[ flur-ee, fluhr-ee ]
See synonyms for: flurryflurried on Thesaurus.com

noun,plural flur·ries.
  1. a light, brief shower of snow.

  2. sudden commotion, excitement, or confusion; nervous hurry: There was a flurry of activity before the guests arrived.

  1. Stock Exchange.

    • a brief rise or fall in prices.

    • a brief, unusually heavy period of trading.

  2. a sudden gust of wind.

verb (used with object),flur·ried, flur·ry·ing.
  1. to put (a person) into a flurry; confuse; fluster.

verb (used without object),flur·ried, flur·ry·ing.
  1. (of snow) to fall or be blown in a flurry.

  2. to move in an excited or agitated manner.

Origin of flurry

1680–90, Americanism; blend of flutter and hurry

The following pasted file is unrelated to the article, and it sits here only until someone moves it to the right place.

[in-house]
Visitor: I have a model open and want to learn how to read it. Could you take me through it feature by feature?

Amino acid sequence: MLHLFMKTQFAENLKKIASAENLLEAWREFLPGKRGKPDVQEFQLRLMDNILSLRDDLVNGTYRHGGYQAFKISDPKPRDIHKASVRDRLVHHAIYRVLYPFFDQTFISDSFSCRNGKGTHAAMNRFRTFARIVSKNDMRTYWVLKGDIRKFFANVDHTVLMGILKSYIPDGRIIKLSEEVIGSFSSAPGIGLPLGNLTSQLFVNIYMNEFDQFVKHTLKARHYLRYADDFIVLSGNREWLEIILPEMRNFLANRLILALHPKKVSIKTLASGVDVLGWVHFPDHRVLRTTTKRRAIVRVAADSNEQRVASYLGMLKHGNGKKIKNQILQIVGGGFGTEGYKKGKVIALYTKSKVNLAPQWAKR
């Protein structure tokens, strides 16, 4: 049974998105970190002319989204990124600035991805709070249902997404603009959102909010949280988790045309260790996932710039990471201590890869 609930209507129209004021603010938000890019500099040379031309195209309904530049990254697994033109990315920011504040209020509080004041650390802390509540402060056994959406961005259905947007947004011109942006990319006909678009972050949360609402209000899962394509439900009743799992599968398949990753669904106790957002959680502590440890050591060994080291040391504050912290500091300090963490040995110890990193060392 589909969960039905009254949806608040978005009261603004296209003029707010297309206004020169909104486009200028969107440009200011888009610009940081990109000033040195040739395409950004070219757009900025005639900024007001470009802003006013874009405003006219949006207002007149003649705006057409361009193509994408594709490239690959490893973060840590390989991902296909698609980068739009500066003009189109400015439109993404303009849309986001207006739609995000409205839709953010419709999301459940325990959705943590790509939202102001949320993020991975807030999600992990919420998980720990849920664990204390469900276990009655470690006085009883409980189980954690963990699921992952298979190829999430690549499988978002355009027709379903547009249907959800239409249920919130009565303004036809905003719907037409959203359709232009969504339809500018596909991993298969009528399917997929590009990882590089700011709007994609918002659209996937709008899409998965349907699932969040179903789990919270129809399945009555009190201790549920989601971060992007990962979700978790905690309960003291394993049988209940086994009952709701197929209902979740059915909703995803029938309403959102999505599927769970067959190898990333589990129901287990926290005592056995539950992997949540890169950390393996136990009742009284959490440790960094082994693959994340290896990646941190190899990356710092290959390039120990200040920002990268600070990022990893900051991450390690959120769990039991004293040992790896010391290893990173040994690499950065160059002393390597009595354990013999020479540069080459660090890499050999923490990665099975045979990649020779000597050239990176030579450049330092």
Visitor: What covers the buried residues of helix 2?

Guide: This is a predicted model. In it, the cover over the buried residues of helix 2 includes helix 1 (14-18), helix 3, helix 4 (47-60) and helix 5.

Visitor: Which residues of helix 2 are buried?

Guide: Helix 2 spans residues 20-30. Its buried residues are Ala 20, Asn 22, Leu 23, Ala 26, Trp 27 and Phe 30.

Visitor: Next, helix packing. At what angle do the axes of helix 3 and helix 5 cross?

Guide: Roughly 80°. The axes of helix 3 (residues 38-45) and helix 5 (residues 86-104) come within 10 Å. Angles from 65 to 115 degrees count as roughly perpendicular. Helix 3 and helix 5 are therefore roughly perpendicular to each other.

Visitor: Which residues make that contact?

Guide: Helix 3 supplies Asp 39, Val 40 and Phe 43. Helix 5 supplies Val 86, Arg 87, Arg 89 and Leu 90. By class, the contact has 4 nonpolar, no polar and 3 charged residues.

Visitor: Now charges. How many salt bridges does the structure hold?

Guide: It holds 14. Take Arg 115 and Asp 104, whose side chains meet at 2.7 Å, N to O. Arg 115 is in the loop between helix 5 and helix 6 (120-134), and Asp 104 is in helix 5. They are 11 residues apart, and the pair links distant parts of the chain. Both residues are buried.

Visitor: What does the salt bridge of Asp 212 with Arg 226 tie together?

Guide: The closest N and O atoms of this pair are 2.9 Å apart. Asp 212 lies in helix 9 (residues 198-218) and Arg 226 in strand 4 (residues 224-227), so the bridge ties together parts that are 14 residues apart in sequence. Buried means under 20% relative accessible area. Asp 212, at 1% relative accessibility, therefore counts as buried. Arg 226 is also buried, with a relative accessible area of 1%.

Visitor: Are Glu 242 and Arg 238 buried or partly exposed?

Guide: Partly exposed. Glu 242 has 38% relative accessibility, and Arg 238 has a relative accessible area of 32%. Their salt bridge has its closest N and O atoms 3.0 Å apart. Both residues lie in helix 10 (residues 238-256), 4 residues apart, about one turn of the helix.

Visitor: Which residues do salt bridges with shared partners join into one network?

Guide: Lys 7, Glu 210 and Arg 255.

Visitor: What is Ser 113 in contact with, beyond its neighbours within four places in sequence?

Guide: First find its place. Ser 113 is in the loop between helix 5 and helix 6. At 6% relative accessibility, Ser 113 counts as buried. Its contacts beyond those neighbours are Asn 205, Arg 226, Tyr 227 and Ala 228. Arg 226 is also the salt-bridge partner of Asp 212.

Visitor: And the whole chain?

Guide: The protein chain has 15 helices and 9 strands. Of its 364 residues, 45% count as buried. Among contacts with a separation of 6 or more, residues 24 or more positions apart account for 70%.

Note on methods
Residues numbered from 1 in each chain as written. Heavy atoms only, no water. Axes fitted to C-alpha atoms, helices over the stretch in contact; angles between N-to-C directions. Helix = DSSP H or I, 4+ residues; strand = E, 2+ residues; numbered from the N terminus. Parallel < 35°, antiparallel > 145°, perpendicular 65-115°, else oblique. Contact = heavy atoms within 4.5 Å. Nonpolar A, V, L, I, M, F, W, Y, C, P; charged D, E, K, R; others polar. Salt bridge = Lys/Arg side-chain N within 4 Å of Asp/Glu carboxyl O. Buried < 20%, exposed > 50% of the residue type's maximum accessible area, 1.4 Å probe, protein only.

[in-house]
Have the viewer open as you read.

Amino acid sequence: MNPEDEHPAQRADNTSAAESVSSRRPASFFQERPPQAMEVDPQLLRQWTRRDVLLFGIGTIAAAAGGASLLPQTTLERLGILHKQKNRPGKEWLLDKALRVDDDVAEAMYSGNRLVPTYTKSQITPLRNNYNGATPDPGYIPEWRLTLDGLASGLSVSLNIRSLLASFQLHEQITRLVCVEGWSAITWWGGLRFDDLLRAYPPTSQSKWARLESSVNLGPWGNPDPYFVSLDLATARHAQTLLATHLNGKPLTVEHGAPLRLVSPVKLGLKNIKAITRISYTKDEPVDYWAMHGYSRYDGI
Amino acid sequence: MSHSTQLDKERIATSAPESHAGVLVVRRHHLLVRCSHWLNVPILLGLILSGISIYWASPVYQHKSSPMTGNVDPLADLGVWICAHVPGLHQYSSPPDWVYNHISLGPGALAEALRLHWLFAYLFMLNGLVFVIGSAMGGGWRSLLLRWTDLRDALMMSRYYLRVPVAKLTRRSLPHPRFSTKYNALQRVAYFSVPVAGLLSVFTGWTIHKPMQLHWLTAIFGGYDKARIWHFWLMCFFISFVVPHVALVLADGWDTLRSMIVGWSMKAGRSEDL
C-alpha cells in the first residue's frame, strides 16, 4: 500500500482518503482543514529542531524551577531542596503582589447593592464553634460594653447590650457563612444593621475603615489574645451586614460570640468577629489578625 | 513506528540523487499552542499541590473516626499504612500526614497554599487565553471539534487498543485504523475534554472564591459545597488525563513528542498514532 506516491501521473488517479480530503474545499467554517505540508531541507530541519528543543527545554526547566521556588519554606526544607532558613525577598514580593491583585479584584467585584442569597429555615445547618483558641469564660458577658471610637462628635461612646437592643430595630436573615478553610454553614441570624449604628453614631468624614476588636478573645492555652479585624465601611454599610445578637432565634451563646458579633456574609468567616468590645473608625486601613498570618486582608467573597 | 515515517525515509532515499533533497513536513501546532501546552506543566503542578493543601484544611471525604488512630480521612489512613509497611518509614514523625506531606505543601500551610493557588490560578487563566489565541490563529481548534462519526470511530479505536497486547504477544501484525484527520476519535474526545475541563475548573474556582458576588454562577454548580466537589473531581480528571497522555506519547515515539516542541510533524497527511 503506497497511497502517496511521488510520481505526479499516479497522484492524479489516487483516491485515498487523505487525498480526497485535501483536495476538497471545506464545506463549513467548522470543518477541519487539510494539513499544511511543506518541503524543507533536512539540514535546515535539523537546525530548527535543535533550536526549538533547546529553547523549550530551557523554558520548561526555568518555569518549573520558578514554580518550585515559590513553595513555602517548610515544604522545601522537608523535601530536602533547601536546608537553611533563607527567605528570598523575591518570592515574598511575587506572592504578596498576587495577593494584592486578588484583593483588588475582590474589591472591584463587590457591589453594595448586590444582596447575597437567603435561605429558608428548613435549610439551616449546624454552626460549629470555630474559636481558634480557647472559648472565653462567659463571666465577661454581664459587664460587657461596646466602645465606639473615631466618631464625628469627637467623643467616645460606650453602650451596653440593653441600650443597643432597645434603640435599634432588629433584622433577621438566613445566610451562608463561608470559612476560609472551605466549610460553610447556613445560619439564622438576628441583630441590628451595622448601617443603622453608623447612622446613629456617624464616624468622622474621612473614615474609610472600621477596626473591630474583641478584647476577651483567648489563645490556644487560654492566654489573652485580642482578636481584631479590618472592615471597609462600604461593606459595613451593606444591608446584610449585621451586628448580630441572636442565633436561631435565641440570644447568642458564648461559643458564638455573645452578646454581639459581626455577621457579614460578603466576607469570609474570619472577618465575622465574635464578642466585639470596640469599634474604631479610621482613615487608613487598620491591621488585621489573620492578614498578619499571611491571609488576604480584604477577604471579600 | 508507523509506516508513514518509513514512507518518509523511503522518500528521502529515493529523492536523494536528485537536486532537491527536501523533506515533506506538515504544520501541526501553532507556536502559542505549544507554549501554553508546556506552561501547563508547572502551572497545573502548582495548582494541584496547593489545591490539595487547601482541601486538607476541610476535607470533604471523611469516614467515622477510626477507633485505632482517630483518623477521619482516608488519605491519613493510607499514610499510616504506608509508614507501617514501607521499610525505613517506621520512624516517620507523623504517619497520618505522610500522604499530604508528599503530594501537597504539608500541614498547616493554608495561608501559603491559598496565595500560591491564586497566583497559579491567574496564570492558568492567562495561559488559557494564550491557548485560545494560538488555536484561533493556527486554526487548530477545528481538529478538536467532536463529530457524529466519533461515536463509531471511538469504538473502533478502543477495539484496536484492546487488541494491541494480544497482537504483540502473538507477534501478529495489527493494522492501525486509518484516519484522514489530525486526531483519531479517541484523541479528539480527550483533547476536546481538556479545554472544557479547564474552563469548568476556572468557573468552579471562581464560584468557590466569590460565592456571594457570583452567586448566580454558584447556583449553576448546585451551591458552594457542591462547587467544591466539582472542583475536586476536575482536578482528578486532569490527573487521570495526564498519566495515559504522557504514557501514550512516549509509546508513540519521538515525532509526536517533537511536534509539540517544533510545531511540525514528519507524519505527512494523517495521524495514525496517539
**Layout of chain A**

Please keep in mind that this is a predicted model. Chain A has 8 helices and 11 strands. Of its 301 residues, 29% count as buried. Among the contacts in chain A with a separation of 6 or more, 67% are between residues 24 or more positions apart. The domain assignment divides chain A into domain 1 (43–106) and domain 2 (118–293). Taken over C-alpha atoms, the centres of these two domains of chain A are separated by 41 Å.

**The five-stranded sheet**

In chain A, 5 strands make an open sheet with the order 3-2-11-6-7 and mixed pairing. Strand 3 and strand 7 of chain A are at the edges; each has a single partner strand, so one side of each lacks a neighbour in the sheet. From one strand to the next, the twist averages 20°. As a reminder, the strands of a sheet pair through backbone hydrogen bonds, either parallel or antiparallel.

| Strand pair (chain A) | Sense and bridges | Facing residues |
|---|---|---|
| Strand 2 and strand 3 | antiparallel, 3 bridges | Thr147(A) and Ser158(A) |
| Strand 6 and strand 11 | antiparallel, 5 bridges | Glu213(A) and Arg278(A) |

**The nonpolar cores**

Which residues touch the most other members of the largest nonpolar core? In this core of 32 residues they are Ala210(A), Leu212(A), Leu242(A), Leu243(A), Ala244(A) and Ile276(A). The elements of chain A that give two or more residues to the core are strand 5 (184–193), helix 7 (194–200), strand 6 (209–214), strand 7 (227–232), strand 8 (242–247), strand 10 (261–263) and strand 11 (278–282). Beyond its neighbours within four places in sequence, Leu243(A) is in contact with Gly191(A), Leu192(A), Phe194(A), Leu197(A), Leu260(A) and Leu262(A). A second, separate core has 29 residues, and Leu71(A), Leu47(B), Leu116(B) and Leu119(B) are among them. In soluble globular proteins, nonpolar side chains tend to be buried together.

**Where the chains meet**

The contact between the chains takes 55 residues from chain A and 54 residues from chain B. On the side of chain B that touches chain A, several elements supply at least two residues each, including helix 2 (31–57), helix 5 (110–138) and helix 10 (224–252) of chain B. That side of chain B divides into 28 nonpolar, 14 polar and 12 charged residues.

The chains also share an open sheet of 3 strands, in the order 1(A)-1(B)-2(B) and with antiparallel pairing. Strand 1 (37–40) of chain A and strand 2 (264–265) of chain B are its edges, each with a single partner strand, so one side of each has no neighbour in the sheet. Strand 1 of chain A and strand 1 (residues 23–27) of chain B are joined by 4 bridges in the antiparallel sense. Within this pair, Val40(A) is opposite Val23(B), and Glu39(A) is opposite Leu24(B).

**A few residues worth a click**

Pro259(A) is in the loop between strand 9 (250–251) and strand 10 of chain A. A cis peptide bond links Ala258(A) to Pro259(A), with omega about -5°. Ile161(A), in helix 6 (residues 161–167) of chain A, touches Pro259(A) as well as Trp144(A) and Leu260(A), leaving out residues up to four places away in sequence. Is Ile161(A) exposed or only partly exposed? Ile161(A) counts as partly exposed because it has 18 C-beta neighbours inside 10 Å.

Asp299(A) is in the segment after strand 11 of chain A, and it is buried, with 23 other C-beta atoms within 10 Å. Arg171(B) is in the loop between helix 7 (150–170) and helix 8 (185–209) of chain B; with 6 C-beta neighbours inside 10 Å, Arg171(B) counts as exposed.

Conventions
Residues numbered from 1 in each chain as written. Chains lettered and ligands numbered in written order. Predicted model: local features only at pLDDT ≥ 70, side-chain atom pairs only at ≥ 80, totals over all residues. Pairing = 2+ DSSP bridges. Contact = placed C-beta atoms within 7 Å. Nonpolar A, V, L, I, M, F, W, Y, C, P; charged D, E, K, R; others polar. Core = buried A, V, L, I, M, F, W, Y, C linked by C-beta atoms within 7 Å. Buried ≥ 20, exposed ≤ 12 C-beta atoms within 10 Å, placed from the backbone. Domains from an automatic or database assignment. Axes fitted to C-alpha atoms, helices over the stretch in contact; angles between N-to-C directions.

Other words for flurry

Other words from flurry

  • flur·ried·ly, adverb

Dictionary.com Unabridged Based on the Random House Unabridged Dictionary, © Random House, Inc. 2024

How to use flurry in a sentence

  • There had been flurries earlier in the season, but nothing to compare with the depth that now covers everything.

  • But he's getting fond of it these last twelve months, and though he don't take very much it hurries him and flurries him.

    The Prime Minister | Anthony Trollope
  • The day of their departure for home was typical Thanksgiving weather, fairly cold, and marked by snow flurries.

British Dictionary definitions for flurry


/ (ˈflʌrɪ) /

nounplural -ries
  1. a sudden commotion or burst of activity

  2. a light gust of wind or rain or fall of snow

  1. stock exchange a sudden brief increase in trading or fluctuation in stock prices

  2. the death spasms of a harpooned whale

verb-ries, -rying or -ried
  1. to confuse or bewilder or be confused or bewildered

Origin of flurry

C17: from obsolete flurr to scatter, perhaps formed on analogy with hurry

Collins English Dictionary - Complete & Unabridged 2012 Digital Edition © William Collins Sons & Co. Ltd. 1979, 1986 © HarperCollins Publishers 1998, 2000, 2003, 2005, 2006, 2007, 2009, 2012